BPH (yes vs no)

      

  LS mean effect

−2.77*

−0.87*

−0.72*

−1.08

−0.52

+5.78

  95 % CI

−4.98 to −0.55

−1.73 to −0.02

−1.30 to −0.13

−2.21 to +0.04

−1.34 to +0.29

−8.38 to +19.94

  p-value

0.014

0.044

0.017

0.058

0.206

0.421

 Diabetes (yes vs no)

     

  LS mean effect

+2.28*

+0.81*

+0.06

+0.92*

+0.81*

+5.62

  95 % CI

+0.64 to +3.92

+0.17 to +1.44

−0.38 to +0.50

+0.09 to +1.76

+0.20 to +1.41

−3.62 to +14.71

  p-value

0.007

0.013

0.787

0.030

0.009

0.223

 CVD (yes vs no)

      

  LS mean effect

−1.78

−1.93

0

−0.97

−0.49

+3.48

  95 % CI

−7.53 to +3.96

−4.14 to +0.29

−1.52 to +1.52

−3.88 to +1.95

−2.60 to +1.62

−2.70 to +33.97

  p-value

0.542

0.088

0.997

0.515

0.648

0.822

 Hypertension (yes vs no)

     

  LS mean effect

+1.62

+1.91

+0.29

+0.77

−0.04

−1.33

  95 % CI

−4.14 to +7.39

−0.31 to +4.13

−1.24 to +1.81

−2.16 to +3.69

−2.15 to +2.07

−31.7 to +29.00

  p-value

0.580

0.091

0.711

0.606

0.969

0.931

 Dyslipidemia (yes vs no)

     

  LS mean effect

−0.05

−0.19

−0.31

+0.02

−0.17

−4.26

  95 % CI

−1.61 to +1.51

−0.79 to +0.41

−0.72 to +0.11

−0.78 to +0.81

−0.74 to +0.41

−13.1 to +4.60

  p-value

0.946

0.528

0.145

0.966

0.568

0.343

BPH benign prostatic hyperplasia, CI confidence interval, CVD cardiovascular disease, ED erectile dysfunction, EDITS Erectile Dysfunction Inventory of Treatment Satisfaction, IIEF International Index of Erectile Function, LS mean least-square mean, MMRM Mixed Model for Repeated Measures, N number of patients, n number of patients included in the model, OaD once a day, PDE5-I phosphodiesterase type 5 inhibitor

a EDITS scores at baseline were collected only in patients pretreated with PDE5-I

*95 % confidence interval does not include zero and p-value statistically significant (<0.05)

MMRM analysis showed that PDE5 pretreatment had a significantly smaller LS mean effect on IIEF-EF (p < 0.001), orgasmic function (p = 0.003), intercourse satisfaction (p = 0.003), and overall satisfaction (p = 0.001) domain scores vs no previous PDE5 inhibitor treatment. Mild ED had a significantly smaller LS mean effect on IIEF-EF (p = 0.011), sexual desire (p = 0.029), and overall satisfaction (p < 0.001) domain scores, while severe ED had a significantly increased LS mean effect on the IIEF orgasmic function (p < 0.001) domain score relative to moderate ED. The negative effect of BPH on change in IIEF-EF (p = 0.014), orgasmic function (p = 0.044), and sexual desire (p = 0.017) domain scores was statistically significant. Furthermore, diabetes showed a significant positive effect on changes in IIEF-EF (p = 0.007), orgasmic function (p = 0.013), intercourse satisfaction (p = 0.030), and overall satisfaction (p = 0.009) domain scores (Table 4).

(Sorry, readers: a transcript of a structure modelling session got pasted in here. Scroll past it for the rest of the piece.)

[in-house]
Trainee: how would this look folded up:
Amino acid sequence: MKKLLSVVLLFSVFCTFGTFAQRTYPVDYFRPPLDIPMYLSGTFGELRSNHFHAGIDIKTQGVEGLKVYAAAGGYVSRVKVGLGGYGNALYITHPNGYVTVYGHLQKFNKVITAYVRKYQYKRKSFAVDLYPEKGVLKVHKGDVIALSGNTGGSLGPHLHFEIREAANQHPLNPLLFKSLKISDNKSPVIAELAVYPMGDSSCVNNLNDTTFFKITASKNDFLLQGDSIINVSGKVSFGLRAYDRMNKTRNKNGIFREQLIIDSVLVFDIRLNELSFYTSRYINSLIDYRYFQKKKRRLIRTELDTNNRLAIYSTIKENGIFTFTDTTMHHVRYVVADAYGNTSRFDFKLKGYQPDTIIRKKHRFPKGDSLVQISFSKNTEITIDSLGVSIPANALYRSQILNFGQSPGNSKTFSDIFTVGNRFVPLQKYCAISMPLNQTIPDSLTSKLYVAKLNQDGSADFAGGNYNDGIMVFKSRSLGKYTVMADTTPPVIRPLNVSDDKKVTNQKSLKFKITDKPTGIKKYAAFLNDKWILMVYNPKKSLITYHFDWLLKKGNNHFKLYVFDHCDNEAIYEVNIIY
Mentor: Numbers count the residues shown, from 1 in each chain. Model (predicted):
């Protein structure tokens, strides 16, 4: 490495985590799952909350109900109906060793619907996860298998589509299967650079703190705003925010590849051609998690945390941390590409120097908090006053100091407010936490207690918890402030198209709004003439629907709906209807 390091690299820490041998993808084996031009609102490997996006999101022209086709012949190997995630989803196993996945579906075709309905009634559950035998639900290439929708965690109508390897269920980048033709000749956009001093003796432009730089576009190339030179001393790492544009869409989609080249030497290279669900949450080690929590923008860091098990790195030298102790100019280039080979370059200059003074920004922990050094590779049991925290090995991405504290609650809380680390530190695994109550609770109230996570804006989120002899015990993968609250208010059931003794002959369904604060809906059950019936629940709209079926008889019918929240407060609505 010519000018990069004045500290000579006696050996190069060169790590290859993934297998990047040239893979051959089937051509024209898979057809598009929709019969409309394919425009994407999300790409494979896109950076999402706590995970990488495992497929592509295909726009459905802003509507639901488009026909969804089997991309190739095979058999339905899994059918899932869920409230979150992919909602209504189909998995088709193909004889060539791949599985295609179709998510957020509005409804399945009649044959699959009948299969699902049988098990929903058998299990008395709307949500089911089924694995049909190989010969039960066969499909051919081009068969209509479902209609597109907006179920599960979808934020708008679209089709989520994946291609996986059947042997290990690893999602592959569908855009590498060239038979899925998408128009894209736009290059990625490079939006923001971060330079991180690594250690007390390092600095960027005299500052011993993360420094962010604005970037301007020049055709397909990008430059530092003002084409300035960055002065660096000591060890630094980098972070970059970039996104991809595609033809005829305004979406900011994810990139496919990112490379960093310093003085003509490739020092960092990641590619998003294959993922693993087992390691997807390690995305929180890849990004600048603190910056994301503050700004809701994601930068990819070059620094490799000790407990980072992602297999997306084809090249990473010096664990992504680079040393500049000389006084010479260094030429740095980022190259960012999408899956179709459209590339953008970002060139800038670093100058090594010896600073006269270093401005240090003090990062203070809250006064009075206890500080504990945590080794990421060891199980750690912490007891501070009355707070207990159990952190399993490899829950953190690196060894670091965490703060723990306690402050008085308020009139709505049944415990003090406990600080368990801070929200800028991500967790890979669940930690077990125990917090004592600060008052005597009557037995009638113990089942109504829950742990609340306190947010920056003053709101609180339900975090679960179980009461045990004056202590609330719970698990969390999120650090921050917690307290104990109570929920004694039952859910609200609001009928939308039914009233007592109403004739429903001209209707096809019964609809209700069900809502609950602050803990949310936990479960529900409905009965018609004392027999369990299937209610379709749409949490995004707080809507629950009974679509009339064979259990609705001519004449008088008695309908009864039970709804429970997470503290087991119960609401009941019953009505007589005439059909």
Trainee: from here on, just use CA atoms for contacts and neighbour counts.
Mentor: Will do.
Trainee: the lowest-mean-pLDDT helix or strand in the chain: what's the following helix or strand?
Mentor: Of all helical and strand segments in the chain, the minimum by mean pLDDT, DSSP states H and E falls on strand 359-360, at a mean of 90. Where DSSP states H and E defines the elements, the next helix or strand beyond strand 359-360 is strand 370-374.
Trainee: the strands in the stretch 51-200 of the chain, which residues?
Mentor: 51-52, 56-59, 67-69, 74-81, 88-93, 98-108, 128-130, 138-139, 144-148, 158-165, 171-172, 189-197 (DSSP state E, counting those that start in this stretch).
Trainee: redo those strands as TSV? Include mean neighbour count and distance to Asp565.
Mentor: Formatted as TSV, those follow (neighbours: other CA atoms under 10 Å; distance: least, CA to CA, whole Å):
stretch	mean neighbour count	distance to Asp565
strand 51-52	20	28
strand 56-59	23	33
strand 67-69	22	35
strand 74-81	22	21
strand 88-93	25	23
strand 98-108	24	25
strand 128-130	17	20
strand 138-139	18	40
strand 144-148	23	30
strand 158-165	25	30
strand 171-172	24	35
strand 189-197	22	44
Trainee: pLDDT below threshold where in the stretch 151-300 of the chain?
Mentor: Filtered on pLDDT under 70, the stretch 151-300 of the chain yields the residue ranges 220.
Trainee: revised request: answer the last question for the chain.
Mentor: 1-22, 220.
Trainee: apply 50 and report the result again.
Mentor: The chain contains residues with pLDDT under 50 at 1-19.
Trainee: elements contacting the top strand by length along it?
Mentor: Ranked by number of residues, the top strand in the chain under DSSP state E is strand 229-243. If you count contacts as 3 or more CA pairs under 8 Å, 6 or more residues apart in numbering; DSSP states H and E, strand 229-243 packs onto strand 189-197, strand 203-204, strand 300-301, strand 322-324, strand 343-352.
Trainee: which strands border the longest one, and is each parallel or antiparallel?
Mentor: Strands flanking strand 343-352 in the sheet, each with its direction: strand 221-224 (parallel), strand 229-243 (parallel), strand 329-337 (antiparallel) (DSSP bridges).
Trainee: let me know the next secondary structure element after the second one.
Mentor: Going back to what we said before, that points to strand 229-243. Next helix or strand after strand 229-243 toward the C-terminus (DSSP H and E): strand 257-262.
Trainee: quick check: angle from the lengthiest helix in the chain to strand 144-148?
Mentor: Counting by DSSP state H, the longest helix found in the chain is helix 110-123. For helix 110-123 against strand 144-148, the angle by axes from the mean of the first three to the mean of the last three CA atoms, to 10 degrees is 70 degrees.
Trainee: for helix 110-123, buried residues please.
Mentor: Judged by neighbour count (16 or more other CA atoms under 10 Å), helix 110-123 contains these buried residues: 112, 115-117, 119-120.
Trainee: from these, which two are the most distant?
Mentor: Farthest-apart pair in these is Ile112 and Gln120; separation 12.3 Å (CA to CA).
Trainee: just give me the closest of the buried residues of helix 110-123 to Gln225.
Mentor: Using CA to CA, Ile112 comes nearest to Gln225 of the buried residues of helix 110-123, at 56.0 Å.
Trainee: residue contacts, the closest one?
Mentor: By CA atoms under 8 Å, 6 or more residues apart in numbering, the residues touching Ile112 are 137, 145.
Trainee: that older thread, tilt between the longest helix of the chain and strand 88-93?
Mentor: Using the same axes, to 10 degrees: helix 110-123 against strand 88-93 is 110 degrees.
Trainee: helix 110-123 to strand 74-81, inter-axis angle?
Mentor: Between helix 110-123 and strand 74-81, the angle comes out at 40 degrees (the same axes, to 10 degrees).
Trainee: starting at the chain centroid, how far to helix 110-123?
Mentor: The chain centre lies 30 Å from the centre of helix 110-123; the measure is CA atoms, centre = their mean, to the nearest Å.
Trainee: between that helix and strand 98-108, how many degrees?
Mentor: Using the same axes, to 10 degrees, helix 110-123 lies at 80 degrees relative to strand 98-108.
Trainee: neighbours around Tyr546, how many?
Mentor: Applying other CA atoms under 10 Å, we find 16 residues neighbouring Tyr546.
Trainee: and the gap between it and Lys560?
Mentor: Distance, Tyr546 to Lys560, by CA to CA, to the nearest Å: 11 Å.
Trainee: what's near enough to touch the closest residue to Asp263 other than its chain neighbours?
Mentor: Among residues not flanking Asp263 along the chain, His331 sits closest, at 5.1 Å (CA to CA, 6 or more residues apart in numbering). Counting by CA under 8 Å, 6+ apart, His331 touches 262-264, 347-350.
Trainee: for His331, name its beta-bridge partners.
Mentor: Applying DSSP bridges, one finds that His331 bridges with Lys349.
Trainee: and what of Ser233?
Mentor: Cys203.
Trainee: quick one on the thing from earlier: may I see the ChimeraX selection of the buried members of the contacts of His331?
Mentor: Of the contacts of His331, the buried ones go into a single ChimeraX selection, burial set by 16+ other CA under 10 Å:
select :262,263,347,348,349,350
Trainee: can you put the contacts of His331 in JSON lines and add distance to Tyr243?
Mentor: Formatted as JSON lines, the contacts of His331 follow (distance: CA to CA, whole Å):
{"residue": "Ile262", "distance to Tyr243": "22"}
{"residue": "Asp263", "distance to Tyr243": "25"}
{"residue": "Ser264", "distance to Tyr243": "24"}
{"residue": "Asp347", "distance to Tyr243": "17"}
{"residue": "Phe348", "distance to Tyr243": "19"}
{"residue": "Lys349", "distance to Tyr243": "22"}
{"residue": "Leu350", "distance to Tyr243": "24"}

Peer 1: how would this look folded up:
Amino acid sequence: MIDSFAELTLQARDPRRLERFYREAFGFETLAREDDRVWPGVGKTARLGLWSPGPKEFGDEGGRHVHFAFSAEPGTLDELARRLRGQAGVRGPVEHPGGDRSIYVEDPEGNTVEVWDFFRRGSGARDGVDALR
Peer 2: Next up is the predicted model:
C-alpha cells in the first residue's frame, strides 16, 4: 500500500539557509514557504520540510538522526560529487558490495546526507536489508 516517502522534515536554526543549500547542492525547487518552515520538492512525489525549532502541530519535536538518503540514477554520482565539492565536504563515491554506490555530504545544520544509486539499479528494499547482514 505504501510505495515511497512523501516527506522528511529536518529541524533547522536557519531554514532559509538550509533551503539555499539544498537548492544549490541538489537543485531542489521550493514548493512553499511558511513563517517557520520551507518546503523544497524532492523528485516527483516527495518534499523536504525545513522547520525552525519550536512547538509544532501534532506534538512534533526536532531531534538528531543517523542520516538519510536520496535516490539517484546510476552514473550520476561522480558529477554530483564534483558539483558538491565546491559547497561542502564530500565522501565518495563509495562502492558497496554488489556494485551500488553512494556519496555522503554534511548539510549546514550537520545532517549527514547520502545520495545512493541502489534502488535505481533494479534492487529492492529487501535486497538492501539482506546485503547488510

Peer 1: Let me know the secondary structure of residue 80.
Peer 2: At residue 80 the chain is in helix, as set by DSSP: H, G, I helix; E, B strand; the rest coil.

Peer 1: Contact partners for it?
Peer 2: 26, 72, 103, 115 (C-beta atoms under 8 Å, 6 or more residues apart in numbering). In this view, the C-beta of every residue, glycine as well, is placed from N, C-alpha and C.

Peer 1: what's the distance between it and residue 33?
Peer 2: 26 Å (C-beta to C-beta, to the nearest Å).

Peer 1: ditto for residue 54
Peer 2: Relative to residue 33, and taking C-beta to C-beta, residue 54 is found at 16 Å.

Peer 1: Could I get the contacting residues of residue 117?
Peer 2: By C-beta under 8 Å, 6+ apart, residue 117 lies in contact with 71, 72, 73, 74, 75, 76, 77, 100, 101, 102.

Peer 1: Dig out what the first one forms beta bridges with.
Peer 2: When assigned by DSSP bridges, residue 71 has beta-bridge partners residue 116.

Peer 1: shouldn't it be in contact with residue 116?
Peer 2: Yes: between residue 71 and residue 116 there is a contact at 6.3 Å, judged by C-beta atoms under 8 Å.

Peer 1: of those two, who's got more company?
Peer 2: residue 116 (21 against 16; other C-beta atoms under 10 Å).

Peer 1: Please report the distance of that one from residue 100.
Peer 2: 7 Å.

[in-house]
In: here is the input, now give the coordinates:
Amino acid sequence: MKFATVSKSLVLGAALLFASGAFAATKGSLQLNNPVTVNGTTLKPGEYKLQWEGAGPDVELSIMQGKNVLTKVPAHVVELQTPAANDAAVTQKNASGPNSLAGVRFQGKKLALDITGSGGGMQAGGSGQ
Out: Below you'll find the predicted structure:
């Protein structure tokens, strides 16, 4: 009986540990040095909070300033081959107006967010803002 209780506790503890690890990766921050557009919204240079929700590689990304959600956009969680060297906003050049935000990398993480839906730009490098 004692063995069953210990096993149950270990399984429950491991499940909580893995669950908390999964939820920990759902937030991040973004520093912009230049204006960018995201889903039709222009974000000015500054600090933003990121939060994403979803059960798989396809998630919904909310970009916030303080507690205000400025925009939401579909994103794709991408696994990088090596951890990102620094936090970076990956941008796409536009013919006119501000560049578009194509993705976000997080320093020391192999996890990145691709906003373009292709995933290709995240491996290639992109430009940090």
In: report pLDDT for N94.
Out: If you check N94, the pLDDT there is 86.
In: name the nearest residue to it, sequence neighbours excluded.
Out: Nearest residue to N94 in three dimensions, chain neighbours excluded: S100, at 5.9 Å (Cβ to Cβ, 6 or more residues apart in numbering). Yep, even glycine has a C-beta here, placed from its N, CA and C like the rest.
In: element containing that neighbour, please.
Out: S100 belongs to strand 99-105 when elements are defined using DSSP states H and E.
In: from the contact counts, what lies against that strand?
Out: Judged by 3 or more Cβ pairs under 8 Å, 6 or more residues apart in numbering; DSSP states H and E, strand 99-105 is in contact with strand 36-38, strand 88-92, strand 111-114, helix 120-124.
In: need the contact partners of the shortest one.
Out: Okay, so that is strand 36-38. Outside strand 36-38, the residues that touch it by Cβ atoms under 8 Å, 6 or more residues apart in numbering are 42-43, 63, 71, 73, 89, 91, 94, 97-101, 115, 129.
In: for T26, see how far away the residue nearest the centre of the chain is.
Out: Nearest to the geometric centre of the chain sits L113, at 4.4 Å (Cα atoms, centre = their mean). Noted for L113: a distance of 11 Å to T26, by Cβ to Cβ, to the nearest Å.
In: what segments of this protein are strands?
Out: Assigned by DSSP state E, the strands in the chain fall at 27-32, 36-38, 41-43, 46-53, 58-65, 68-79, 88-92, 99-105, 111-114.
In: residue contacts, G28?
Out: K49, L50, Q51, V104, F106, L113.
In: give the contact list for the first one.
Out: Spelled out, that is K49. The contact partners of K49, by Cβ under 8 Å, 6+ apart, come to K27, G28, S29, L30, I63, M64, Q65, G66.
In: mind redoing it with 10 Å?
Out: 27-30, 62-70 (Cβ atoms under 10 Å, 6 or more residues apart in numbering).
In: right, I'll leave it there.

There were no significant effects for age, ED etiology, CVD, hypertension, or dyslipidemia (p > 0.05 for all comparisons) on IIEF domain scores over 6 months of tadalafil OaD treatment. LS mean effects in EDITS total score were not affected by any comorbidity or baseline characteristic except age (p = 0.008) (Table 4).

Safety

No treatment-related serious adverse events were reported during the study. The most frequently reported adverse events included headache (1.3 %), dyspepsia (0.5 %), and a new diagnosis of BPH (0.5 %); no new or unexpected safety signals were observed [20].

Discussion

Currently, there are few observational studies in patients with ED that assess the impact of baseline characteristics and presence of comorbid conditions on PDE5 inhibitor treatment continuation rates. In particular, few existing studies assess treatment satisfaction and effectiveness beyond the IIEF-EF domain. The primary analysis of the EDATE observational study demonstrated high treatment continuation rates (86.3 %) over a period of 6 months in 778 patients with ED who initiated or switched to PDE5 inhibitor treatment with tadalafil OaD at baseline (Additional file 6) [20].

Here in this cohort with high frequency of comorbidities and use of concomitant medications, we found that continuation rates over 6 months of treatment with tadalafil OaD were comparable across subgroups. Furthermore, continuation rates were over 80 % regardless of the presence of comorbidities, pretreatment with PDE5 inhibitors, or ED severity. Even in the subgroup of older patients (>65 years), the continuation rate was 75 % at Month 6. IIEF was affected by some baseline characteristics including ED severity, pretreatment with PDE5 inhibitors, and the presence or absence of diabetes and BPH. However, treatment satisfaction remained predominantly unaffected by any comorbid condition or baseline characteristic except for age, with patients aged 18–65 years reporting significantly higher satisfaction scores vs those aged >65 years.

In our study, younger patients (18–65 years) had higher chances of continuing tadalafil OaD vs older patients. This finding resonates with that from the DETECT observational study in which age less than 60 years was one of the factors associated with continuation of tadalafil on-demand treatment at 12 months [23]. Similarly, an observational study in Latin America found that persistence and adherence rates for PDE5 inhibitor treatment at 6 months were generally higher in younger men with ED (mean age, 52.3 years vs 54.9 years for non-persistent patients and 52.1 years vs 55.5 years for non-adherent patients) [24]. In a Korean study, the most common reason for discontinuing PDE5 inhibitor treatment given by older men (>70 years) with ED was concerns about the side effects, possibly due to higher prevalence of comorbidities in this subgroup [25].